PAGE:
As mentioned in our previous blog posts any local or state government that passes federal funds to a subrecipient who is a state, local government, Indian tribe, institution of higher education, or nonprofit organization, is required to monitor those subrecipients according to the Uniform Administrative Requirements, Cost Principles, and Audit Requirements for Federal Awards (the “Uniform Guidance”) published by the Office of Management and Budget. One of the tasks the pass-through entity is required to perform to monitor each subrecipient is to review their annual financial report and any programmatic reports that the pass-through entity requires the subrecipient to submit.
In the post below, we discuss reviewing subrecipient financial and programmatic reports.
Click here to jump directly to our review.
Relevant Provisions from Uniform Guidance:
Following is a description of the monitoring that a pass-through entity is required by the Uniform Guidance to perform for each subrecipient:
§200.331 Requirements for pass-through entities.
(d) Monitor the activities of the subrecipient as necessary to ensure that the subaward is used for authorized purposes, in compliance with Federal statutes, regulations, and the terms and conditions of the subaward; and that subaward performance goals are achieved. Pass-through entity monitoring of the subrecipient must include:
(1) Reviewing financial and performance reports required by the pass-through entity.
(2) Following-up and ensuring that the subrecipient takes timely and appropriate action on all deficiencies pertaining to the Federal award provided to the subrecipient from the pass-through entity detected through audits, on-site reviews, and other means.
(3) Issuing a management decision for audit findings pertaining to the Federal award provided to the subrecipient from the pass-through entity as required by §200.521 Management decision.
(e) Depending upon the pass-through entity's assessment of risk posed by the subrecipient (as described in paragraph (b) of this section), the following monitoring tools may be useful for the pass-through entity to ensure proper accountability and compliance with program requirements and achievement of performance goals:
(1) Providing subrecipients with training and technical assistance on program-related matters; and
(2) Performing on-site reviews of the subrecipient's program operations;
(3) Arranging for agreed-upon-procedures engagements as described in §200.425 Audit services.
(f) Verify that every subrecipient is audited as required by Subpart F—Audit Requirements of this part when it is expected that the subrecipient's Federal awards expended during the respective fiscal year equaled or exceeded the threshold set forth in §200.501 Audit requirements.
(g) Consider whether the results of the subrecipient's audits, on-site reviews, or other monitoring indicate conditions that necessitate adjustments to the pass-through entity's own records.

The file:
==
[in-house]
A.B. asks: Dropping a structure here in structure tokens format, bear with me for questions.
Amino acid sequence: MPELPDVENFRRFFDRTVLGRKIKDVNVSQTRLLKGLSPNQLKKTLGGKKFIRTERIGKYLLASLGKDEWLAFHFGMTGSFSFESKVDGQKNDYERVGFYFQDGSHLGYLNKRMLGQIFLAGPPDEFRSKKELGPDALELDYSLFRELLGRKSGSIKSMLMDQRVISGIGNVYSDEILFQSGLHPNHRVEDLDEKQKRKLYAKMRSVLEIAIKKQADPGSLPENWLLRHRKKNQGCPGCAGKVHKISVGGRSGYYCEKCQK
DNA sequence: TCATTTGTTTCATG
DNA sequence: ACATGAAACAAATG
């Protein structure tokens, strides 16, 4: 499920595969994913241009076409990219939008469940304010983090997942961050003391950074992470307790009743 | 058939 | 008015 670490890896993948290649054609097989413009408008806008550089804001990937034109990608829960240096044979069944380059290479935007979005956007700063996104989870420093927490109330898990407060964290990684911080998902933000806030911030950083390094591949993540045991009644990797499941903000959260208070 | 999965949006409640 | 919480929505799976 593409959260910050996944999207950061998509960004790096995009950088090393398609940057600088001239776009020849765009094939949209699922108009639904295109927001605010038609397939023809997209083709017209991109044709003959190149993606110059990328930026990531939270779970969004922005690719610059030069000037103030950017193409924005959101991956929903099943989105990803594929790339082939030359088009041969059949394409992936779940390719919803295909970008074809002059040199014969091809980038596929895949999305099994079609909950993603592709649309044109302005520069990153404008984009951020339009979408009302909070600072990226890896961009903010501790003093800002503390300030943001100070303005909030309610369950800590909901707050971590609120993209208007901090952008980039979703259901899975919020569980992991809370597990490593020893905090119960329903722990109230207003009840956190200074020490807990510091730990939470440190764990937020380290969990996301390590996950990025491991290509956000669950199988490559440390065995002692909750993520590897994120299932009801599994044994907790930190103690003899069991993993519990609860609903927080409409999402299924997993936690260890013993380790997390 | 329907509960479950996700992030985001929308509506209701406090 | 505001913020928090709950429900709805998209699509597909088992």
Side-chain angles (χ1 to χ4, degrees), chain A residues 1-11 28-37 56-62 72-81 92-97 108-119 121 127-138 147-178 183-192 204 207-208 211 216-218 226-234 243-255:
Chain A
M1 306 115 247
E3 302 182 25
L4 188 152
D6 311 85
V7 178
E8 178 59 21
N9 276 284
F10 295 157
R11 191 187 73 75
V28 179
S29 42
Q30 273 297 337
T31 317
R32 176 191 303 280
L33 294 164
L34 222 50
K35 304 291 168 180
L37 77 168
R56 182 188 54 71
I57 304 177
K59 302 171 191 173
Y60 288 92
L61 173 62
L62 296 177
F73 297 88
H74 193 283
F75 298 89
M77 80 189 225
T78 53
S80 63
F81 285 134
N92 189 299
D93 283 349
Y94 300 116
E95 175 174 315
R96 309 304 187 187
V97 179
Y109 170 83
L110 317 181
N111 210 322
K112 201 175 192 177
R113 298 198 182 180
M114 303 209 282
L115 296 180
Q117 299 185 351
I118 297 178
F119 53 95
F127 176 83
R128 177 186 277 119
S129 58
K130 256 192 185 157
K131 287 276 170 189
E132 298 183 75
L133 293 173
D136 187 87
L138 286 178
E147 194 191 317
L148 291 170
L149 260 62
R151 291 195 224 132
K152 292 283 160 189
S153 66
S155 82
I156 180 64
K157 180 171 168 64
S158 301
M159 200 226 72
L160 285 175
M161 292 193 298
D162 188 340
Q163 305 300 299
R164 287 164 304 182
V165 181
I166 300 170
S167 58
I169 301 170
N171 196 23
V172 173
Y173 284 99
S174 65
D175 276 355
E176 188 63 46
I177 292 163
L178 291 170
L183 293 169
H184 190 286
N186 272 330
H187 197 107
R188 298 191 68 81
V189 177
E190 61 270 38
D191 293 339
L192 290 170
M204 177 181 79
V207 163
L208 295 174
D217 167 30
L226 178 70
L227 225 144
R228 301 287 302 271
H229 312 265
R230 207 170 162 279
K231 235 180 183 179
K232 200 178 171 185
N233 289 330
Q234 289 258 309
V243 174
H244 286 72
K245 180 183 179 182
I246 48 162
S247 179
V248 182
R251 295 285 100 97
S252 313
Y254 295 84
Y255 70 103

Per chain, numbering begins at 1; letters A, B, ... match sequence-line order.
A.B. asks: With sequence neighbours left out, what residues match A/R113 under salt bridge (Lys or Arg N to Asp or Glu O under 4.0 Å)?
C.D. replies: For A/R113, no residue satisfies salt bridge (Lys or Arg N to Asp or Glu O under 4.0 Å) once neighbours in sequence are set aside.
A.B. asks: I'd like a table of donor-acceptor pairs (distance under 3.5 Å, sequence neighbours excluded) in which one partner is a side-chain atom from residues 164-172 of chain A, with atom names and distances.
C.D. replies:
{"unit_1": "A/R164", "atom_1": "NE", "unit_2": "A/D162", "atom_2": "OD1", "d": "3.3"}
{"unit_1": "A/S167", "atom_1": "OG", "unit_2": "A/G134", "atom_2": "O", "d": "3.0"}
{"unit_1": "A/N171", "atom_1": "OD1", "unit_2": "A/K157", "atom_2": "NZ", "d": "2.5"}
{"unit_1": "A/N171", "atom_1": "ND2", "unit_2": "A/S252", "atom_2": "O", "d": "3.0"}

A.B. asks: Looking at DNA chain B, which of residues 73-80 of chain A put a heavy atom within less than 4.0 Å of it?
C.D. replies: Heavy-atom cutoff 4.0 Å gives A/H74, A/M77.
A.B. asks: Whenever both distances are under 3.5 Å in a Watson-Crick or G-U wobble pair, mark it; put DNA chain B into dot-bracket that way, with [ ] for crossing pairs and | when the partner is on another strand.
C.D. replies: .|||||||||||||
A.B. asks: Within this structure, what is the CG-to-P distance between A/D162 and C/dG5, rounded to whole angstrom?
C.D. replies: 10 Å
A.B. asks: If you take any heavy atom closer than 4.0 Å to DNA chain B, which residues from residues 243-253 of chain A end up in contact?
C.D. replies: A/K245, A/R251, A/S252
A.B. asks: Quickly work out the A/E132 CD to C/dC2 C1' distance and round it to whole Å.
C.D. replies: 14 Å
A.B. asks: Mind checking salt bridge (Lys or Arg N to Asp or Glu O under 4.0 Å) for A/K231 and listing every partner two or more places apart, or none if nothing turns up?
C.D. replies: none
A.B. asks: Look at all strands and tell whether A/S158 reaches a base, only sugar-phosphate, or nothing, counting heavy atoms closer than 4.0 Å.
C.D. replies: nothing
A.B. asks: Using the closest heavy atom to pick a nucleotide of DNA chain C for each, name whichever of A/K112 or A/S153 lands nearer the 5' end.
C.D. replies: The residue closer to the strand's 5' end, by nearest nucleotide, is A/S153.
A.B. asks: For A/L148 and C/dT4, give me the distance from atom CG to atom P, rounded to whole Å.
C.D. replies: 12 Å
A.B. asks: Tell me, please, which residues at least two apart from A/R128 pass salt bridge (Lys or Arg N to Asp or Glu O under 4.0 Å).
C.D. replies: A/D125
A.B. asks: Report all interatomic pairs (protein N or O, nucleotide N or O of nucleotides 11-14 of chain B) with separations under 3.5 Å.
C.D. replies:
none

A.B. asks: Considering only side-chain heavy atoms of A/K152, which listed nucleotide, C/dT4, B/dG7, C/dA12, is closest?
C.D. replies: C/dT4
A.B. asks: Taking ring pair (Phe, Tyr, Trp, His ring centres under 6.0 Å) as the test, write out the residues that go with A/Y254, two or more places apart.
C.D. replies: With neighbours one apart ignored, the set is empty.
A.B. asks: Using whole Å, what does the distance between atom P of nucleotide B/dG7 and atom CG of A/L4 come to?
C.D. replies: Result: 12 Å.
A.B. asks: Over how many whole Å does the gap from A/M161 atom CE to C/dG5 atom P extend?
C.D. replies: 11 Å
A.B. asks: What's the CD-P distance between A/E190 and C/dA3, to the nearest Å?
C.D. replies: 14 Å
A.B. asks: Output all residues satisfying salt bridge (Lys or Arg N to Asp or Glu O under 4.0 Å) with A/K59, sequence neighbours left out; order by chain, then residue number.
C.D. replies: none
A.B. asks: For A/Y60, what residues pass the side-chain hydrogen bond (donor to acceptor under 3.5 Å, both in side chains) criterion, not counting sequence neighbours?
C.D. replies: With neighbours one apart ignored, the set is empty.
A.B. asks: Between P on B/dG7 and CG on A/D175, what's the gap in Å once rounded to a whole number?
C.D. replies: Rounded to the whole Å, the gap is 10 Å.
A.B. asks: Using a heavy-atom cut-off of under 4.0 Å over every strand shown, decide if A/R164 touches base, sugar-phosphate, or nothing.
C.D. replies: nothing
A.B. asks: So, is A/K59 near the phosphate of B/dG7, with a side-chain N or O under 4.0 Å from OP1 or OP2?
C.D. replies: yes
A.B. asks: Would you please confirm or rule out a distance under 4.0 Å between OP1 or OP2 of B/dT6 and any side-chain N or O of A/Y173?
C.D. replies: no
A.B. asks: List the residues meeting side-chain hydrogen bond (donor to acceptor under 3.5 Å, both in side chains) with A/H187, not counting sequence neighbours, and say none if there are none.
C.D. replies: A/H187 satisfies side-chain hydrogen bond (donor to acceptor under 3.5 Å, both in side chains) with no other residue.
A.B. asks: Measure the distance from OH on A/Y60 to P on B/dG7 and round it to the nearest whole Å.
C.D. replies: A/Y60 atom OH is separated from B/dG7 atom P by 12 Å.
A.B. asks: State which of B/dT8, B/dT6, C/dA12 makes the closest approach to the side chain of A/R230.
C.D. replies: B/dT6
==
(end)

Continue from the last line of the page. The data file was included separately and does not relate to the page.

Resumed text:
§200.511 Audit findings follow-up.
(c) Corrective action plan. At the completion of the audit, the auditee must prepare, in a document separate from the auditor's findings described in §200.516 Audit findings, a corrective action plan to address each audit finding included in the current year auditor's reports. The corrective action plan must provide the name(s) of the contact person(s) responsible for corrective action, the corrective action planned, and the anticipated completion date. If the auditee does not agree with the audit findings or believes corrective action is not required, then the corrective action plan must include an explanation and specific reasons.
The subrecipient is required to file a single audit report if it spends more in its fiscal year, inclusive of the federal funds received from the pass-through entity, than the amount of federal expenditures (currently $750,000) that would require a single audit per the Uniform Guidance.
For subrecipients that do not spend the amount of federal funds that requires a single audit, the subaward agreement should require annual financial statements audited in accordance with generally accepted auditing standards. It should require all subrecipients to identify in notes to the financial statements or in a supplemental schedule the amount of funds received from the pass-through entity for each pass-through entity program. Without such a schedule, the pass-through entity will not know whether the amounts and programs, for which it is providing funding, are included in the subrecipient’s audited financial report.
Reviewing the Subrecipient’s Annual Financial Report
Following is an explanation of a Subrecipient Financial Report Review Checklist (click the link to view it in full screen or download it) that can be used to as a template to document the review of each subrecipient’s annual financial report.